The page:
Post independence, the Indian economy has seen a significant improvement in overall performance, growing at approximately 7 percent annually over the last two decades, driven primarily by its services sector.
We have made great strides in education, health and overall standards of living as compared to the pre-1947 era but the exploitation and helplessness of a farmer shown in a six-decade-old movie still rings true in 2017.
‘Do Bigha Zameen’ Still Relevant
In 1953, Bimal Roy’s Do Bigha Zameen was one of the first movies of its kind, exploring the complex dynamics of a peasant-landlord relationship in post-colonial India, and the sufferings of marginalised landowners as they struggled to hold on to their identity amidst a wave of commercialisation. The movie opens by mentioning the two successive years of drought that had plagued the village, a scenario that would have been quite catastrophic for a small cultivator in India in that period, with heavy dependence on monsoons.
The atmosphere of rejoicing, with the advent of rain, shows its intrinsic importance in the life of the villager. The coming of the monsoons is a good omen, linked to the belief of the rural folk that it signals the turning around of fortunes. Unfortunately, the omen proves false for Shambhu, the protagonist, as he’s exploited by his landlord. Steeped in debt, he ultimately loses his land, livelihood, and most importantly, his dignity as a farmer.
Cut to 2017, where the drought-afflicted farmers of Tamil Nadu have been agitating in New Delhi for the past month, demanding that loans from nationalised banks be written off. If one replaces the amount of Rs 235 that Shambhu owed his landlord with, say, Rs 23,500, Do Bigha Zameen continues to be the harsh reality for a large proportion of Indian farmers today. In 2015, it was reported that the National Crime Records Bureau (NCRB) data suggest the number of farmer suicides to be 8,007, with 38.7 percent of these attributed to bankruptcy and indebtedness.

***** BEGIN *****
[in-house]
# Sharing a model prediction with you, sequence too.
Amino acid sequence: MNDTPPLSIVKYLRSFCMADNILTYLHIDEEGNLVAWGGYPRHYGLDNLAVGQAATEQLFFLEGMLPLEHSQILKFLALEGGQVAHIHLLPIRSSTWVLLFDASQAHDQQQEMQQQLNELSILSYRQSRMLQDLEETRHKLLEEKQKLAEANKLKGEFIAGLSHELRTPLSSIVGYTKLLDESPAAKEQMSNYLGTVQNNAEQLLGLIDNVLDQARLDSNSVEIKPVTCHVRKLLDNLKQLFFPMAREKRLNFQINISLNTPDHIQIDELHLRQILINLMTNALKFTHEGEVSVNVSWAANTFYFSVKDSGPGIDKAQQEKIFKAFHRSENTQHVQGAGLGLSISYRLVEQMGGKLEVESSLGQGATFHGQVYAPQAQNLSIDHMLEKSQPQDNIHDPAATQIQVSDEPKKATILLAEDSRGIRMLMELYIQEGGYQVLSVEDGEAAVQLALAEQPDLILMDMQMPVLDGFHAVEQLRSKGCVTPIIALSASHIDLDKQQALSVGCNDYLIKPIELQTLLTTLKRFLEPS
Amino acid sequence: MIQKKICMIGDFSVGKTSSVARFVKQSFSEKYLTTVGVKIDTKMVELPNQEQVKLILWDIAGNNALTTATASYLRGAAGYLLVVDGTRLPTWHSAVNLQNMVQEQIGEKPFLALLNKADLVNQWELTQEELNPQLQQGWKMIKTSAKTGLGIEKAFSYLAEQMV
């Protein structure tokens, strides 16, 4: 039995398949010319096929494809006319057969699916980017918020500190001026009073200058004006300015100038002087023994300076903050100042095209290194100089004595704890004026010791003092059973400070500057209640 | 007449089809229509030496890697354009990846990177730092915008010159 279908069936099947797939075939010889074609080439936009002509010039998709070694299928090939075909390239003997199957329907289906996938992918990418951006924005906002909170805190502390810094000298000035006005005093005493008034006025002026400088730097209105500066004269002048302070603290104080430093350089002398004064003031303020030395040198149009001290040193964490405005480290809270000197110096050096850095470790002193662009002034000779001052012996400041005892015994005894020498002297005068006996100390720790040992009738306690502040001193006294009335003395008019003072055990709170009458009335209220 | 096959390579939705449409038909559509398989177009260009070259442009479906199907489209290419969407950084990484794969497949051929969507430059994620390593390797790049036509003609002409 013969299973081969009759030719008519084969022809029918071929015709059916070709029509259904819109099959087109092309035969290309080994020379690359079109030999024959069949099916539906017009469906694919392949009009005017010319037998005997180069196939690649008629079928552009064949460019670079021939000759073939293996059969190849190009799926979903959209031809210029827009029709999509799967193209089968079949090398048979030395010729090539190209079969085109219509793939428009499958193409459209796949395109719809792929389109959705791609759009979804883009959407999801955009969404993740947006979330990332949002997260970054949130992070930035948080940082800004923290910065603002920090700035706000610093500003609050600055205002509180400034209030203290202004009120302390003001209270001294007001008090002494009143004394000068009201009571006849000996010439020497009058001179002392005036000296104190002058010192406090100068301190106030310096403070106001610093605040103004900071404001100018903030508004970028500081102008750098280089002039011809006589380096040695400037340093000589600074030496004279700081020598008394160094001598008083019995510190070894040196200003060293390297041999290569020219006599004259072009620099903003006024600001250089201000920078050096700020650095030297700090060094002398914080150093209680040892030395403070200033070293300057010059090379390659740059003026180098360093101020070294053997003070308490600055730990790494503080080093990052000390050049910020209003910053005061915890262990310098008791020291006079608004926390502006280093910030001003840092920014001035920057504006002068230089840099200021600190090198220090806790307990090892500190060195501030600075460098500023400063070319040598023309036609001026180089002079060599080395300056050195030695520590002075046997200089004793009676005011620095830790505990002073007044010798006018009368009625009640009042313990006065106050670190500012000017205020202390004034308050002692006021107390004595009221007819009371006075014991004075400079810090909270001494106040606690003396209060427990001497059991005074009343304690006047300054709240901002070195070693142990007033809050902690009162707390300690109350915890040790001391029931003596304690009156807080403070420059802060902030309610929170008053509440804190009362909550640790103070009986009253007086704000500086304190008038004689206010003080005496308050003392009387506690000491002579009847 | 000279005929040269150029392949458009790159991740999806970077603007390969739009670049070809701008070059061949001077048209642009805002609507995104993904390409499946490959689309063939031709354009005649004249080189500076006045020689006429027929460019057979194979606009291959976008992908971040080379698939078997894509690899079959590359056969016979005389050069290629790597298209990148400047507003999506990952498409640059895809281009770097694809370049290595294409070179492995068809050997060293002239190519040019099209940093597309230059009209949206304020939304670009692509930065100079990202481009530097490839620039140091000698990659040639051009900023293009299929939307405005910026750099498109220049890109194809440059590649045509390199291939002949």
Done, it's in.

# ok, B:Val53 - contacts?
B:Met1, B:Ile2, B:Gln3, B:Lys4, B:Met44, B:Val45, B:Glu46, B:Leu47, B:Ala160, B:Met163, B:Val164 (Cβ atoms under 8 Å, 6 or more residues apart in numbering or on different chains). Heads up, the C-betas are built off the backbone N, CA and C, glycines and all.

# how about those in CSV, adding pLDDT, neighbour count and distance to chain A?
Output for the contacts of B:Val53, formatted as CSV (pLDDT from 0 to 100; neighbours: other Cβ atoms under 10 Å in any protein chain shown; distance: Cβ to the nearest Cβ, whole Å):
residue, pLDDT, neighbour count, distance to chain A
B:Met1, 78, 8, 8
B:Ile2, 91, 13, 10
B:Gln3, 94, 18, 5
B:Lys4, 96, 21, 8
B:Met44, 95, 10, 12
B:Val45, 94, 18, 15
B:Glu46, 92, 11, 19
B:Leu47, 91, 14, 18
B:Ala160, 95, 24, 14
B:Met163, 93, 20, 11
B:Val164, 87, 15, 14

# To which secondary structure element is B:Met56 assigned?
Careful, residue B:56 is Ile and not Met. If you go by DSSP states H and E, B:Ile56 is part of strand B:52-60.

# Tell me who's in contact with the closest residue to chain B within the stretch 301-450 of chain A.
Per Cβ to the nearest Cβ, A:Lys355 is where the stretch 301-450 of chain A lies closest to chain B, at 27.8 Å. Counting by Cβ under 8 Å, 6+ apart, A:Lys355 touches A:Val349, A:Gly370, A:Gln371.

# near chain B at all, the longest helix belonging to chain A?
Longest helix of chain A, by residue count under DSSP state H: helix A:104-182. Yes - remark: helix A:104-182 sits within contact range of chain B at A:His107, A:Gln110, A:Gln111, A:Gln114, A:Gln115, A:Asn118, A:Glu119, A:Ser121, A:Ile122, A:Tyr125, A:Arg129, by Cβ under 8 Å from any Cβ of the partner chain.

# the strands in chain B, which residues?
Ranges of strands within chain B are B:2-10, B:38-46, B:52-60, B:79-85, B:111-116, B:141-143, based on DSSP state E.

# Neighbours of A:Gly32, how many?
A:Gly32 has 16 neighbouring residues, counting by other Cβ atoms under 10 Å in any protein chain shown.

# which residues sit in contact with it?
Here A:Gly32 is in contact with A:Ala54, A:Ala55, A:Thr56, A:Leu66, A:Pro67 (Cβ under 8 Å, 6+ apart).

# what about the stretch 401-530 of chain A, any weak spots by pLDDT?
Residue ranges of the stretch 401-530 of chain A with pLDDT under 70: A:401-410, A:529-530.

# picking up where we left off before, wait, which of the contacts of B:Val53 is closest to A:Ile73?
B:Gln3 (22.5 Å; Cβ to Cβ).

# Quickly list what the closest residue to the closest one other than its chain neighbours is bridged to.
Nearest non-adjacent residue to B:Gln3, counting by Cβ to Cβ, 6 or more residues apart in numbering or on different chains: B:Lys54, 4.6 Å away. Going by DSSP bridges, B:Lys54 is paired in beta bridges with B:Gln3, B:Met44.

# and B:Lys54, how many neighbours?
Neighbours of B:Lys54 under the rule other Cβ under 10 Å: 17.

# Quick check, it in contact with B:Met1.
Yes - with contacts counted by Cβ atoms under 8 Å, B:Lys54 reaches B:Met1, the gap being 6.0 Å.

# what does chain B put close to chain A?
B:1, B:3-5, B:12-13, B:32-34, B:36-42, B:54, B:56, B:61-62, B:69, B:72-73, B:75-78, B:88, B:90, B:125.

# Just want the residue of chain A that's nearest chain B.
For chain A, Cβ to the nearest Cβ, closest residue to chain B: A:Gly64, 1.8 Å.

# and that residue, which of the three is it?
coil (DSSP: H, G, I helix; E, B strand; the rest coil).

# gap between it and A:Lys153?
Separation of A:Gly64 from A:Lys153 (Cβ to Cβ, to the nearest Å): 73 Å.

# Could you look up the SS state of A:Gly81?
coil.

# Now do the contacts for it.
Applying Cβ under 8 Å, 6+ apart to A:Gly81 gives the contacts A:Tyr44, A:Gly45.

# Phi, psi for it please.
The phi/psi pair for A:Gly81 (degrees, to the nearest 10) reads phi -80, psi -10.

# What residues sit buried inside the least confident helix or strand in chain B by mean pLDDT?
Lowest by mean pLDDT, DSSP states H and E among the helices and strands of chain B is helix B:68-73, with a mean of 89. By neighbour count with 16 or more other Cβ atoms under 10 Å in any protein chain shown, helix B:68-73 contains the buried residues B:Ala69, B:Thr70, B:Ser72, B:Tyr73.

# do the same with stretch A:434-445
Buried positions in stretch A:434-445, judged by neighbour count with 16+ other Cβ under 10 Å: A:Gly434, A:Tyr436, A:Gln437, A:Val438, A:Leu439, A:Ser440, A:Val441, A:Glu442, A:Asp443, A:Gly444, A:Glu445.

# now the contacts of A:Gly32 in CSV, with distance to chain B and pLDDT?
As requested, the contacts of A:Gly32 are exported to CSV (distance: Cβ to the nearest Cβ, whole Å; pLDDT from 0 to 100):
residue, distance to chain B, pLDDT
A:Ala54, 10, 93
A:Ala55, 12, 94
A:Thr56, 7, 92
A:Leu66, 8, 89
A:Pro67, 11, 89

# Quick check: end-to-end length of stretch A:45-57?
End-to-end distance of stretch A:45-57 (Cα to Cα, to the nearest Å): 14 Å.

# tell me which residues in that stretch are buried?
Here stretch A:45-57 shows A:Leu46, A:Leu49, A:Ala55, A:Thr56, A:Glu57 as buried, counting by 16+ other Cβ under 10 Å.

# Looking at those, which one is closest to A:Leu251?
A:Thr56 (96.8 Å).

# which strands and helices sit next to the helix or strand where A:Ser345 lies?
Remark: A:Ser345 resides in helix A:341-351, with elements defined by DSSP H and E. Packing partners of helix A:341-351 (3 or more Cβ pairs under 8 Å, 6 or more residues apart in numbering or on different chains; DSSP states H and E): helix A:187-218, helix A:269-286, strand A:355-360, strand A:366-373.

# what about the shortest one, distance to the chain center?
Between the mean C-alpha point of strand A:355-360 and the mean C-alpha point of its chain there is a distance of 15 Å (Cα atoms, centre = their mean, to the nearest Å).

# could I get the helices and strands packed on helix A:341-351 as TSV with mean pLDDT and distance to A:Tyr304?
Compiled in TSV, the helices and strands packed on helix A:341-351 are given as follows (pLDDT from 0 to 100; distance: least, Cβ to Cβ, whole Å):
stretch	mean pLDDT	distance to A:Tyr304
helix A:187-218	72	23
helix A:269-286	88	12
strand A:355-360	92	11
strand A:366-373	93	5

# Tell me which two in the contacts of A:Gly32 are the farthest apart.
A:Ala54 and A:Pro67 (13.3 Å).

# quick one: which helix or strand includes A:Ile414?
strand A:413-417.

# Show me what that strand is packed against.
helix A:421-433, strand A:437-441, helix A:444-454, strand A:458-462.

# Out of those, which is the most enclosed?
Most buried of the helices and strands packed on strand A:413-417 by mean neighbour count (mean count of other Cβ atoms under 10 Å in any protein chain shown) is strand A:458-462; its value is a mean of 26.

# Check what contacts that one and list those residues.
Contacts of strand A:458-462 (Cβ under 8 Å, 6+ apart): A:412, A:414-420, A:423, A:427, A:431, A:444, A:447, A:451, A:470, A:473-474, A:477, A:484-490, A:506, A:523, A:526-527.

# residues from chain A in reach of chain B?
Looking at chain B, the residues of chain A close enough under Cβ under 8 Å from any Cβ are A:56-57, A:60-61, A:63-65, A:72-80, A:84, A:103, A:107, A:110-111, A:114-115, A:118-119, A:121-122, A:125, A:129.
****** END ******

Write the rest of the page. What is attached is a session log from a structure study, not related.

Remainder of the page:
While the number should be enough to cause outrage, P Sainath notes that it is even higher as many suicides are not counted in the ‘farmer’ category and shuffled into other categories such as ‘others’ and ‘agriculture labourers’.
Further, another report suggests that around 80 percent of the farmers who committed suicide were indebted to banks and micro-finance institutions, a turnaround from the typical picture of the harsh moneylender as presented by history.
Loan Waivers Not Enough for Marginalised Farmers
For farmers holding less than one acre of land (comprising nearly two-thirds of the total holdings), around 28 percent of them have outstanding loans with banks, the rest rely on informal sources. The dependence on formal institutions for loans increases to around 67 percent past a threshold landholding size of one to five acres.